If you are a fan, you’re going to feel right at home regardless and there’s a hefty amount of returning faces – as Smith has joked in interviews are possibly in the film because of his heart attack. If you’re a die-hard View Askew fan, you’re going to be right at home with Reboot and returning characters make welcoming additions to the story. From the original Clerks to Zack and Miri Make a Porn, all of Smith’s films link into Reboot. Some noticeable faces, like a fallen angel, will add a meta-joke here and there. Even with the established cameos, there are still some surprise appearances. Keep an eye out for an Avenger and a current wrestling champion. But absolutely stick around during the credits for an appearance from a comic book legend that is utterly touching, charming and a sweet nod to Mallrats. Especially considering things came full circle recently in Captain Marvel.
If the humour comes across as hit and miss, Reboot hits its mark firmly is its moments of maturity and helps brings about some of the best elements of the film. Particularly with Jason Mewes’ performance as Jay. Granted, Jay’s presence in these movies has always been the lewd, potty-mouthed trouble making stoner but here things start to change. That daughter revelation might seem like your typical trope but it serves as a blossoming moment of maturity for the character during the course of the film as Jay attempts to try to connect with Milly. Coming to terms with his own parentless upbringing, the stoner becomes more adult than he has ever been. Watching Mewes transform the character to handle his newly discovered parentage is delightful and partnered up with Smith’s usual mature musing on life, it’s touching.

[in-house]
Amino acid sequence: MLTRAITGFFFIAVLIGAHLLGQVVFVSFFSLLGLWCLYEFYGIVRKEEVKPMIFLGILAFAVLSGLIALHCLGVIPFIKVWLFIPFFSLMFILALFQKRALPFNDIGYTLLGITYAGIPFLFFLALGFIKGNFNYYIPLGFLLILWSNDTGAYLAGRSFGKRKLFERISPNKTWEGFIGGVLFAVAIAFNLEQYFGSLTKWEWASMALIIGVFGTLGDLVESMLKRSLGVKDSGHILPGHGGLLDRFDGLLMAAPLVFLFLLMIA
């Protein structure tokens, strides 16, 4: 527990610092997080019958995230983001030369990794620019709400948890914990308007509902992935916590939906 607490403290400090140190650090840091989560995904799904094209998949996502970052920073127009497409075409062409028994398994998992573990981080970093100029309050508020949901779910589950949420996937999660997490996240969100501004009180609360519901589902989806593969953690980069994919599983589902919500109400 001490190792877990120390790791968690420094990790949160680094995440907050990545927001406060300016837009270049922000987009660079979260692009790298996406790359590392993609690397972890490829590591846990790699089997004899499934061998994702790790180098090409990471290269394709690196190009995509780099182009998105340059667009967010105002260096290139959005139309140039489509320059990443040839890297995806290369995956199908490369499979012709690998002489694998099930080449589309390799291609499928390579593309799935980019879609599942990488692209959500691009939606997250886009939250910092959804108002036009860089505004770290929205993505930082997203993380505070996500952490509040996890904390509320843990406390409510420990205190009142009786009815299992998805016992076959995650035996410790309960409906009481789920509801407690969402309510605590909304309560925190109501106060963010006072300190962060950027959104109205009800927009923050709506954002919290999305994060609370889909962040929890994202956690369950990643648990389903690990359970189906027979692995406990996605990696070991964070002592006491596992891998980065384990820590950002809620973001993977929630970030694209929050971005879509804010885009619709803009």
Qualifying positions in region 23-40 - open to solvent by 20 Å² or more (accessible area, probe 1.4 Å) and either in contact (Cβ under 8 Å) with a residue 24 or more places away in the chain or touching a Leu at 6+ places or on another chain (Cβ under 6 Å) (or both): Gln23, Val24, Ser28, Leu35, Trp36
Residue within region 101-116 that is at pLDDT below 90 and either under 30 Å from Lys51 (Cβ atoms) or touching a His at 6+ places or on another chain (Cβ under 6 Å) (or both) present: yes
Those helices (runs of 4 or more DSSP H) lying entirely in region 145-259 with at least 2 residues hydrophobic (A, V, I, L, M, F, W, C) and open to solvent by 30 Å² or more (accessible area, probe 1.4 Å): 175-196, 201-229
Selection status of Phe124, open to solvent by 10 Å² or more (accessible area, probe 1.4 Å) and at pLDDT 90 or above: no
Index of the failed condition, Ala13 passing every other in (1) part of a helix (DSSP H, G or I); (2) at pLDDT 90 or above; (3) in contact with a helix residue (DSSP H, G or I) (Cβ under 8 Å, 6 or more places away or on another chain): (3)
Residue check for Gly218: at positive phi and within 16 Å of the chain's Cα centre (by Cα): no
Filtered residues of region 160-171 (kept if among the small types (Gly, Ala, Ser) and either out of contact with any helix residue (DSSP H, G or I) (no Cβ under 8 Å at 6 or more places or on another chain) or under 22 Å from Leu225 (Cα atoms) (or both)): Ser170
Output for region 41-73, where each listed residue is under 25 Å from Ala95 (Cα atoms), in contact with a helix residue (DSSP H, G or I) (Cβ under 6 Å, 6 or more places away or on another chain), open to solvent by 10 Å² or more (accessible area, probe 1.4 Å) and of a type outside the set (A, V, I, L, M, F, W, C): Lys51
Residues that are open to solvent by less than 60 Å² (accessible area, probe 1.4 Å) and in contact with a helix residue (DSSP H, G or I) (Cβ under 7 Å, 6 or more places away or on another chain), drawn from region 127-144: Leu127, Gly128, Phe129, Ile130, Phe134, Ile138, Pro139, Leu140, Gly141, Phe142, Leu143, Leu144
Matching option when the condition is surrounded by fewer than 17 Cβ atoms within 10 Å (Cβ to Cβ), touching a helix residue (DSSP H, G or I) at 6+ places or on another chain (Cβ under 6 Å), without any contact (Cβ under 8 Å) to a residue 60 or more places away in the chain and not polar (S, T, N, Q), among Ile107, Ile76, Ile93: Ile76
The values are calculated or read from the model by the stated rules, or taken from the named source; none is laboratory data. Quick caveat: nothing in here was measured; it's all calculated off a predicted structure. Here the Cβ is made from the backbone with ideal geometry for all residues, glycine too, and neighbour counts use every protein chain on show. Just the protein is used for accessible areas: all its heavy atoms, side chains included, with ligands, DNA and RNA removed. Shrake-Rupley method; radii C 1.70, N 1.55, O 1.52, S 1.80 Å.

Smith’s strongest qualities as a writer are with these musings. Reflection, priorities, lessons learned – they all hit home harder this time around. If you’ve been through the films with all of Smith’s characters, you will likely find it easy to relate to the many weary dialogue exchanges between Askew characters. You’ll be evaluating your life thinking about who you were when the films first started coming out, how life has changed, what are your life priorities and other reflections. Almost along the same lines as these characters.
Of course, some fans out there will ask why is Smith retreading the same old ground? He’s a talented director, established comic book writer, and more so why are we still clinging on to the View Askew universe? I was pondering this after viewing the trailers. But, there is some clarity to this after watching the film. The screening I attended for the film back in November was accompanied by a recorded Q&A and this question was put to the director. Smith was keen to point out that he has tried different things such as Red State and Tusk, but when critics and audiences are telling him that’s not what they want to see from him, he feels that’s where his attention should be. Therefore, the audience can’t complain when Smith returns to the film series universe that cemented his name among indie film fans. Make of that as you will, Clerks 3 and Mallrats 2 are next on Smith’s cinematic plate. Considering how the universe has expanded and matured, even with all the lewdness, I don’t personally think its a bad thing.
Jay and Silent Bob Reboot is a welcome return to the View Askew universe. It continues to showcase Smith’s humour and his heart will not change the audiences who don’t enjoy the View Askew films. It’s not even the right place to start if you’re curious and want to watch them – go back to the original Clerks and work through the films. That way, the film becomes a lot more rewarding for the fans that have stuck with the director through thick and thin. It also helps make those reflective moments pack an even powerful punch.
Jay and Silent Bob Reboot is out on Blu-Ray, DVD and streaming platforms now.
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If you’re looking to read more into the world of Jay and Silent Bob and Clerks – Bunkazilla took part in a press interview with some of the original cast members from Clerks that also included talking about Reboot. Check it out here.
Trailer Warning: This is a Red-Band Trailer, it’s definitely NSFW! Don’t say we didn’t warn you!